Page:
By Karen Pihl-Carey

Equipped with the recently completed rough draft of the human genome sequence, Cell Therapeutics Inc. (CTI) plans to leverage a new technology to find drug targets through the creation of a majority-owned subsidiary.

PanGenex Inc., which initially will be located at CTI's headquarters in Seattle, will employ 10 scientists. CTI will own two-thirds of the subsidiary.

"We are not a drug discovery company," said James Bianco, CTI's president and CEO. "So the only way that we can see exploiting this technology breakthrough is to allow scientists to take it and run with it."

CTI's stock (NASDAQ:CTIC) closed Wednesday at $32.562, up $3.562, or 12 percent.

By creating the subsidiary, CTI can remain focused on commercializing its oncology drug candidates, while also exploring the new technology. The cost is minimal, Bianco said, and provides more flexibility for CTI in attracting capital and corporate collaborators.

CTI has committed a minimum of $50,000 in funding for the first six months of PanGenex. Bianco said he expects the subsidiary eventually will spin off into an independent company.

Within six to nine months, the scientists expect to have research on the technology published in a scientific journal. CTI applied for patents to the technology in 1999 and earlier, and the company plans to have all patents in place before releasing specific details about the technology, Bianco said.

Robert Finney, who will be president and chief scientific officer of PanGenex, helped develop the technology for CTI over the past 18 to 24 months. He said the biggest advantage the technology has is the ability to rapidly sift through large amounts of data to identify genes that are valid targets for drug discovery.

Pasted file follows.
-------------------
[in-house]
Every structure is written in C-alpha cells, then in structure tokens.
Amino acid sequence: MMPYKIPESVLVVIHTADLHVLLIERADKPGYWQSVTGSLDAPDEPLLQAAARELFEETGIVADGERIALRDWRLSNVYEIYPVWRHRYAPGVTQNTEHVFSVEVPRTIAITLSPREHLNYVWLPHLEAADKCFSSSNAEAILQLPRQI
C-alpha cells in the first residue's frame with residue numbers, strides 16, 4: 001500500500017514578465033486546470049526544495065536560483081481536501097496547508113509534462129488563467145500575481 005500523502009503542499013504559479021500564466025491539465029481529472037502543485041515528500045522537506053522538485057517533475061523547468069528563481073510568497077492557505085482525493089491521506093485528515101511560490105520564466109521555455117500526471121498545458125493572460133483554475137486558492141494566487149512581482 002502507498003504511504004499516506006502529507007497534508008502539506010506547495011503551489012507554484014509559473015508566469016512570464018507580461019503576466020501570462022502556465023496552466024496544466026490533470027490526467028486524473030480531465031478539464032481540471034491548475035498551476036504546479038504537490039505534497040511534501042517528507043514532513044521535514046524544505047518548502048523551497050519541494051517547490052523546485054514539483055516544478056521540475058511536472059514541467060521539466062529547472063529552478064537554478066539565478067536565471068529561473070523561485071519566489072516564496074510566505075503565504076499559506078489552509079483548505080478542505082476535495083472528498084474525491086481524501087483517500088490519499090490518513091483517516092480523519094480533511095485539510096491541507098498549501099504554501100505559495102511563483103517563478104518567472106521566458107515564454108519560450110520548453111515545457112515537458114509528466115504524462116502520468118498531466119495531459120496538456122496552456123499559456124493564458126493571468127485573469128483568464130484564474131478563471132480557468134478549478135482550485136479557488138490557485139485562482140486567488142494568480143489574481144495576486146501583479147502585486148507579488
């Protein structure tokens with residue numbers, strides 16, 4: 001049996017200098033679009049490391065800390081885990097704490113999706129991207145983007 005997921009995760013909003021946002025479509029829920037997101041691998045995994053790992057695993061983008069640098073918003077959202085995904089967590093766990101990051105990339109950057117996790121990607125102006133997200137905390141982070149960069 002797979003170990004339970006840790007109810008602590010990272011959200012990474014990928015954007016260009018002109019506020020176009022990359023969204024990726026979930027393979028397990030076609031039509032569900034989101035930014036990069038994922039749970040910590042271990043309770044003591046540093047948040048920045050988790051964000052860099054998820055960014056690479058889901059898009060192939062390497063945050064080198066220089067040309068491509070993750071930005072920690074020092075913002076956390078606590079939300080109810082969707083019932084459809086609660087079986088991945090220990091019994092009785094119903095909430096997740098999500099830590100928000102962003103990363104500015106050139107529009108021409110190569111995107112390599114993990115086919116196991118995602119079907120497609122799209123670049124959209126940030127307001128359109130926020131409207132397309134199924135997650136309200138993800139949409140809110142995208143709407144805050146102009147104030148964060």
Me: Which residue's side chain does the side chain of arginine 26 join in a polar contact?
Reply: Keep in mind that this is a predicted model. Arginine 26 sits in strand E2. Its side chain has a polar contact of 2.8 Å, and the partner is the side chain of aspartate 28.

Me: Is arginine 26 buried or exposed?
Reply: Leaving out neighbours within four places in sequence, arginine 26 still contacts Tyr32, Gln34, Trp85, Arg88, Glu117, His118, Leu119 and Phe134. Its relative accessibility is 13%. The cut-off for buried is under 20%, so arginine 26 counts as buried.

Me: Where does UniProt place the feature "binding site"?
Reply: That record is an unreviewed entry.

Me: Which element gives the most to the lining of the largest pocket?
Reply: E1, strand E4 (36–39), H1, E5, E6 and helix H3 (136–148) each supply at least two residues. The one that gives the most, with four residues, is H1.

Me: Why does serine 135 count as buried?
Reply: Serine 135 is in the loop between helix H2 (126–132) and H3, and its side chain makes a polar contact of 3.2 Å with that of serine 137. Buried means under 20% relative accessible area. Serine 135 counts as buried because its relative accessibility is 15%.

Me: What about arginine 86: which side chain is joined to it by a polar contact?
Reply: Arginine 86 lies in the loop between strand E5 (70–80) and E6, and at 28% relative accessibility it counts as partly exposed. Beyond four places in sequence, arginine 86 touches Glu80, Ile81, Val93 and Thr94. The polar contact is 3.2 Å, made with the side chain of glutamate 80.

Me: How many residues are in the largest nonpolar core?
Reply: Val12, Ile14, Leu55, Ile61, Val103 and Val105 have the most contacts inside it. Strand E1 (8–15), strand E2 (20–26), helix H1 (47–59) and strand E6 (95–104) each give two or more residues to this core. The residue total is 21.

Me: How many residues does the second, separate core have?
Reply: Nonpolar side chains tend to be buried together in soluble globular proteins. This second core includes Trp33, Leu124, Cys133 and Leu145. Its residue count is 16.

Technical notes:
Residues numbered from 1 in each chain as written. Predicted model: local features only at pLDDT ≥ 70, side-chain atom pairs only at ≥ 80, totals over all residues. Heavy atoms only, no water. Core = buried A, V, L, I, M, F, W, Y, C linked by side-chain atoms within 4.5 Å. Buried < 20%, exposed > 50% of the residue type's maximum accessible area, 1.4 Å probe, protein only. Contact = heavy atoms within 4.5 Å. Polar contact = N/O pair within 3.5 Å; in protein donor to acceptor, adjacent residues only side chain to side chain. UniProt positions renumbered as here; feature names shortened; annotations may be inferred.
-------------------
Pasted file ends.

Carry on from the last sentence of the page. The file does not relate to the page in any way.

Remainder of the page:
Of an estimated 50,000 to 100,000 genes within the human genome, about 10,000 to 15,000 may yield new drug targets, Finney said. "So the challenge now facing the pharmaceutical industry is how do you sort through 50,000 to 100,000 genes to arrive at that small number of drug development targets," he said.

"The current technologies to determine the function of human genes relies on a one-gene-at-a-time approach," Finney said. "They are very labor intensive, they take years to pursue, and they are very costly, and when you get at the end of them, there's a good chance you've chosen the wrong target."

The technology to be used at PanGenex allows scientists to validate targets much faster with less expense and a higher throughput.

"At the end of the process of drug development, there's still a risk of failure, and that risk may actually be much, much lower if you can look at multiple targets instead of the best guess," Bianco said.

While CTI has a "keen interest" in the development of therapeutics for cancer indications, the technology can be used for all diseases, Bianco said.

CTI has three product candidates in its pipeline: arsenic trioxide (ATO) to treat patients with relapsed or refractory acute promyelocytic leukemia; polyglutamic acid paclitaxel (PG-TXL), a potentially safer and more effective derivative of paclitaxel, the active ingredient in the cancer drug Taxol; and Apra (CT-2584), an anticancer drug candidate for patients with soft tissue sarcoma and prostate cancer and other cancers that have become resistant to conventional chemotherapy.

In March, CTI filed a new drug application for ATO, and a decision from the FDA is expected before the end of the year. Cell Therapeutics gained rights to ATO through its acquisition of PolaRx Biopharmaceuticals Inc., of New York. (See BioWorld Today, March 30, 2000, p. 1.)

PG-TXL is in a Phase I dose-escalation study in the UK. CTI expects to file an investigational new drug application in the U.S. later this summer, Bianco said.

As for Apra, about 58 out of 80 patients have been enrolled in a Phase II study in sarcoma. It also is being tested in prostate cancer, and soon will start a trial in combination with chemotherapy in lung cancer.

In February, CTI raised $40 million in a private placement to help finance the filing of the ATO new drug application. It sold 3.33 million shares at $12 each. (See BioWorld Today, Feb. 18, 2000, p. 1.)

CTI also sought to raise $88 million in March in a follow-on offering of 3 million shares, but later withdrew the offering due to market conditions. (See BioWorld Today, March 28, 2000, p. 1.)